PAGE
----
Will faculty and students feel like facial recognition represents an invasion of privacy? And are there GDPR regulations that need to be addressed?
Researching these questions with your stakeholders and giving them the opportunity to raise additional ones will help build a culture of transparency and trust which is important for a smooth implementation.
2. Get familiar with the equipment
To launch a successful facial recognition program, institutions need to have the right cameras for the job. Here are some tips to consider when selecting equipment:
- High-definition cameras with facial recognition sensors are needed to capture the face with high clarity. In a low-light setup, a camera also needs infrared sensors, like those used in the iPhone X, to capture the face clearly. Like all tech equipment, costs need to be weighed for purchasing, installing, and maintaining.
- Test models thoroughly before installing one. For example, the system should be able to differentiate live faces from static images. No one should be able to fool the system using face masks or photographs of other people. Furthermore, by testing the technology and proving the usefulness of the data being tracked, IT can start to build momentum for campus-wide investment and implementation.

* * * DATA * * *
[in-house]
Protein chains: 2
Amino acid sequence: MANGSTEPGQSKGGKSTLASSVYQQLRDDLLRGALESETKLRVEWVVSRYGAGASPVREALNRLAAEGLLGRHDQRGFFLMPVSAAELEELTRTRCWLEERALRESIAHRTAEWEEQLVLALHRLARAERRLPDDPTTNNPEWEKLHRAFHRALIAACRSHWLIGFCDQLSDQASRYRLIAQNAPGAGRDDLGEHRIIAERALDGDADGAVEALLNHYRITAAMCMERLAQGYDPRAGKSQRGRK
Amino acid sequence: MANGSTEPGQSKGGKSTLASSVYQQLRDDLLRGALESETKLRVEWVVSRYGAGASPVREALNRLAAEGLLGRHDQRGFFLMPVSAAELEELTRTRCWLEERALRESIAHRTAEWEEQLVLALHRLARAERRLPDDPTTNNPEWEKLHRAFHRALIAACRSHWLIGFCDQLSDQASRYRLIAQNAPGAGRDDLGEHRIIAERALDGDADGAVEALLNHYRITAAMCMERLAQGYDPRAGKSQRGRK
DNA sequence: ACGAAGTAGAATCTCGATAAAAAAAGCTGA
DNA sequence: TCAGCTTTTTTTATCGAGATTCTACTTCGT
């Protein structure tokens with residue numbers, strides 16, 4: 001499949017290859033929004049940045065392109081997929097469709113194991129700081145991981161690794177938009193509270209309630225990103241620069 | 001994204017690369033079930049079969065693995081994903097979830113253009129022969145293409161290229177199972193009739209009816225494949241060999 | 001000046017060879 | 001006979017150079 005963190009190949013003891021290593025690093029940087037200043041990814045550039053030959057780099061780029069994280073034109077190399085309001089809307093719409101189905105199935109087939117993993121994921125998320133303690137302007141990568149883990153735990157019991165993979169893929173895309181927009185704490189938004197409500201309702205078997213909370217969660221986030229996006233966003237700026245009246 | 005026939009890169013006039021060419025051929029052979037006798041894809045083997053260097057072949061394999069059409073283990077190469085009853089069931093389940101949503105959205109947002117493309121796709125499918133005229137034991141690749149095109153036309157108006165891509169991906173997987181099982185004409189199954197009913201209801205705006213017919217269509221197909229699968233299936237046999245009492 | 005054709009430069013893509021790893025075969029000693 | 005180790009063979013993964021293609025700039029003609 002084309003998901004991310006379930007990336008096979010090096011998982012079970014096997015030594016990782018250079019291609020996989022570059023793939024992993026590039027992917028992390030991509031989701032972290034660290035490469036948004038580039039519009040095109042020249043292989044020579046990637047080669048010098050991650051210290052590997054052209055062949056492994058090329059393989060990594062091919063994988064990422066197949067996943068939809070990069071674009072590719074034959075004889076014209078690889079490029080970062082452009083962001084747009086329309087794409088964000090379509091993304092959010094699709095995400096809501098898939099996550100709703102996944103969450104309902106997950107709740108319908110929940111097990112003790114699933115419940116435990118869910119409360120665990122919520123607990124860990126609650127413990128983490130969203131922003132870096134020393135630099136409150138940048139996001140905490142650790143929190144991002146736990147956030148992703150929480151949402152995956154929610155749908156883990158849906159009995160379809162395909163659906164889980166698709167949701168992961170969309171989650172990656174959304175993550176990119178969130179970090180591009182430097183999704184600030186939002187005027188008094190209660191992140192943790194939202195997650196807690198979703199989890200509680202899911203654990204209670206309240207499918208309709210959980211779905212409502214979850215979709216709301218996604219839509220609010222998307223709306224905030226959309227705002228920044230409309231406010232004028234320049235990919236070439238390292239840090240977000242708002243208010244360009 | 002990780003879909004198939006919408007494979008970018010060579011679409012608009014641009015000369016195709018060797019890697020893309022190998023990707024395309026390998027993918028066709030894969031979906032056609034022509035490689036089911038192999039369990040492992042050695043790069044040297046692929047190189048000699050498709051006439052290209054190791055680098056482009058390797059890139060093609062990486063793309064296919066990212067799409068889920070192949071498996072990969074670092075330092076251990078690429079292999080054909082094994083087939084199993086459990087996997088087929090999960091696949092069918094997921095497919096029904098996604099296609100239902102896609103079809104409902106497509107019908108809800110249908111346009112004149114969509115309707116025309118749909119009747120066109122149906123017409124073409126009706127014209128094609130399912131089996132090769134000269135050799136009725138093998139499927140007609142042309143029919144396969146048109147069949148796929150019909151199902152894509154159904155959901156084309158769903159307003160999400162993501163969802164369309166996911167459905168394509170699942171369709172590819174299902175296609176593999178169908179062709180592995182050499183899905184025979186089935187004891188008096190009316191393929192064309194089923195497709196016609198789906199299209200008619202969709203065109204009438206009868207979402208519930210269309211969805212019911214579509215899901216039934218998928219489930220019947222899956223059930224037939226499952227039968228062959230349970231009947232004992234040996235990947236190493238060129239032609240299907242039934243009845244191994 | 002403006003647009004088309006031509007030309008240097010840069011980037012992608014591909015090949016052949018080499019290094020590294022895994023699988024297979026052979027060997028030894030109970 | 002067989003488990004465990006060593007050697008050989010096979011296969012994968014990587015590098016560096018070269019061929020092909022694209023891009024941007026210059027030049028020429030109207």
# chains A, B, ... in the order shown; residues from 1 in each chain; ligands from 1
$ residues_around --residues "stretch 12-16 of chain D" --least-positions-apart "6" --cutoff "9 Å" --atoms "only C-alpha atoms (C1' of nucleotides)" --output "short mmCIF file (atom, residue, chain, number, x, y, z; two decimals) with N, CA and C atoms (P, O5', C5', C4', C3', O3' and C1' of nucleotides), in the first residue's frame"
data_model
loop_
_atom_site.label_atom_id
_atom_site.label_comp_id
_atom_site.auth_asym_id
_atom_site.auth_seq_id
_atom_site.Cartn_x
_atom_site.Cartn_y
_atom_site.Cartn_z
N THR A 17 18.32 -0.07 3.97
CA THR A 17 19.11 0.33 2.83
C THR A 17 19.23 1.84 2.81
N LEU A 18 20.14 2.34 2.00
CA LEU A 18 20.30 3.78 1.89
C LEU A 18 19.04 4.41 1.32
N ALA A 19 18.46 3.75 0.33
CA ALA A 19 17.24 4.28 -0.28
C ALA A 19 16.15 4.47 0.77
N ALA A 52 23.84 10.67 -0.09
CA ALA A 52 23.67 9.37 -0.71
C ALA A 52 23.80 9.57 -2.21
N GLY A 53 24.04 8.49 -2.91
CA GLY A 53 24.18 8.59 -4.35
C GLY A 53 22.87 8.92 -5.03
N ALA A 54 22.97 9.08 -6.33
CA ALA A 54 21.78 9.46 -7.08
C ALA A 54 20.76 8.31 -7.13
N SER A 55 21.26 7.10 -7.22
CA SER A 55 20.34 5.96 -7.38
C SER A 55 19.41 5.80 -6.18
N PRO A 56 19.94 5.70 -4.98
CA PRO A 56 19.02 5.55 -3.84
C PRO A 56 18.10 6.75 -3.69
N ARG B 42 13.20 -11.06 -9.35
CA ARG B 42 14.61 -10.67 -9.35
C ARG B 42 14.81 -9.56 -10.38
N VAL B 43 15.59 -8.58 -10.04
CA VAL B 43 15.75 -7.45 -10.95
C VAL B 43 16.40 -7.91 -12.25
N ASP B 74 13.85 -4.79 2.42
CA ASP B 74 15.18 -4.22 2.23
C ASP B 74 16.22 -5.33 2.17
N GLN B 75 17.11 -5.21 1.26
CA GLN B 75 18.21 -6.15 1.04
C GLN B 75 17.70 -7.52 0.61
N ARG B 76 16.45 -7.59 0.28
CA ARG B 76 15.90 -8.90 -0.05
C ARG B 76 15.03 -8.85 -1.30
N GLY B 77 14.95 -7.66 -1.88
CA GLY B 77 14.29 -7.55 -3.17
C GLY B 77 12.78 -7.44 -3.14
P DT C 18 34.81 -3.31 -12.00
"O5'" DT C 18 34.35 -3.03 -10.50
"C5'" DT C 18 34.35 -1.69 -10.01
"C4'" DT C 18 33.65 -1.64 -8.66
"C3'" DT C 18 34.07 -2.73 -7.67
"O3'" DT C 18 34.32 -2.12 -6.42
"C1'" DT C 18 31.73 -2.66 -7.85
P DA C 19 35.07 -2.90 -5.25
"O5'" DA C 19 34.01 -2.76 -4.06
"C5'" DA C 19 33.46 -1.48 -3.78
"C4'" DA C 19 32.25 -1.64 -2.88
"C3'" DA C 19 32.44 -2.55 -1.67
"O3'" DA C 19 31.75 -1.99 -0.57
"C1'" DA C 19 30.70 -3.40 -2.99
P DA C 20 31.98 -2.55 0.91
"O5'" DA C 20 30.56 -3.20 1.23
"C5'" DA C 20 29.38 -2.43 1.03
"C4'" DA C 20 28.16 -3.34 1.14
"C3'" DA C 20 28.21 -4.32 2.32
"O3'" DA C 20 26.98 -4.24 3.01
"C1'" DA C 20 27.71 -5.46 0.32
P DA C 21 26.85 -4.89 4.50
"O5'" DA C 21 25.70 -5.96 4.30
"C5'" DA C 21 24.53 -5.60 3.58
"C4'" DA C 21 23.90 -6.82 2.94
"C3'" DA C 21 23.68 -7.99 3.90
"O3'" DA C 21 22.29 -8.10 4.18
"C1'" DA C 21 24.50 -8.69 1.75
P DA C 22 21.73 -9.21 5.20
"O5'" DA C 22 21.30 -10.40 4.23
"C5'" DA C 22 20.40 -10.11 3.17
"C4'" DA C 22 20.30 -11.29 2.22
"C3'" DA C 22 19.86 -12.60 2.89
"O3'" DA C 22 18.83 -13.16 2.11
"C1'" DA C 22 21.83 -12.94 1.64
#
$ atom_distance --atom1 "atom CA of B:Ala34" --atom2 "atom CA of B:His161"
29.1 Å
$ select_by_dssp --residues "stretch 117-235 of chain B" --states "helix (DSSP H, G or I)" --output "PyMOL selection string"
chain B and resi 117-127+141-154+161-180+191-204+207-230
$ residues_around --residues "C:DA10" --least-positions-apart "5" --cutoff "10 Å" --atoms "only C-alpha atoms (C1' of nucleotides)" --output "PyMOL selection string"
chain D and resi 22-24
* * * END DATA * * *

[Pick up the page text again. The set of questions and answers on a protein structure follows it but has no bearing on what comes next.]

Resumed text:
- Even with the best equipment, errors can occur. So, a conflict resolution mechanism is recommended for when the system makes a mistake. When students are successfully identified for attendance tracking, they might receive a confirmation message on their mobile device. But in cases where the system rejects them, they should still be able to have their attendance recorded manually.
3. Cover your cybersecurity bases
On the whole, hackers attempting to fool the iPhone X’s Face ID technology have come up short. Expensive and expert-constructed masks are, so far, either not detailed enough or not alive enough. That said, most malefactors probably won’t try to produce expensive, high-quality masks in order to trick these systems. They may instead opt to trick users into looking at cameras that register their face to grant access (to information systems or secure facilities), or produce 3-d images using photographs taken from social media.
Guard against data breaches by testing and following best practices for security. Here are a few cybersecurity questions to ask when preparing to implement: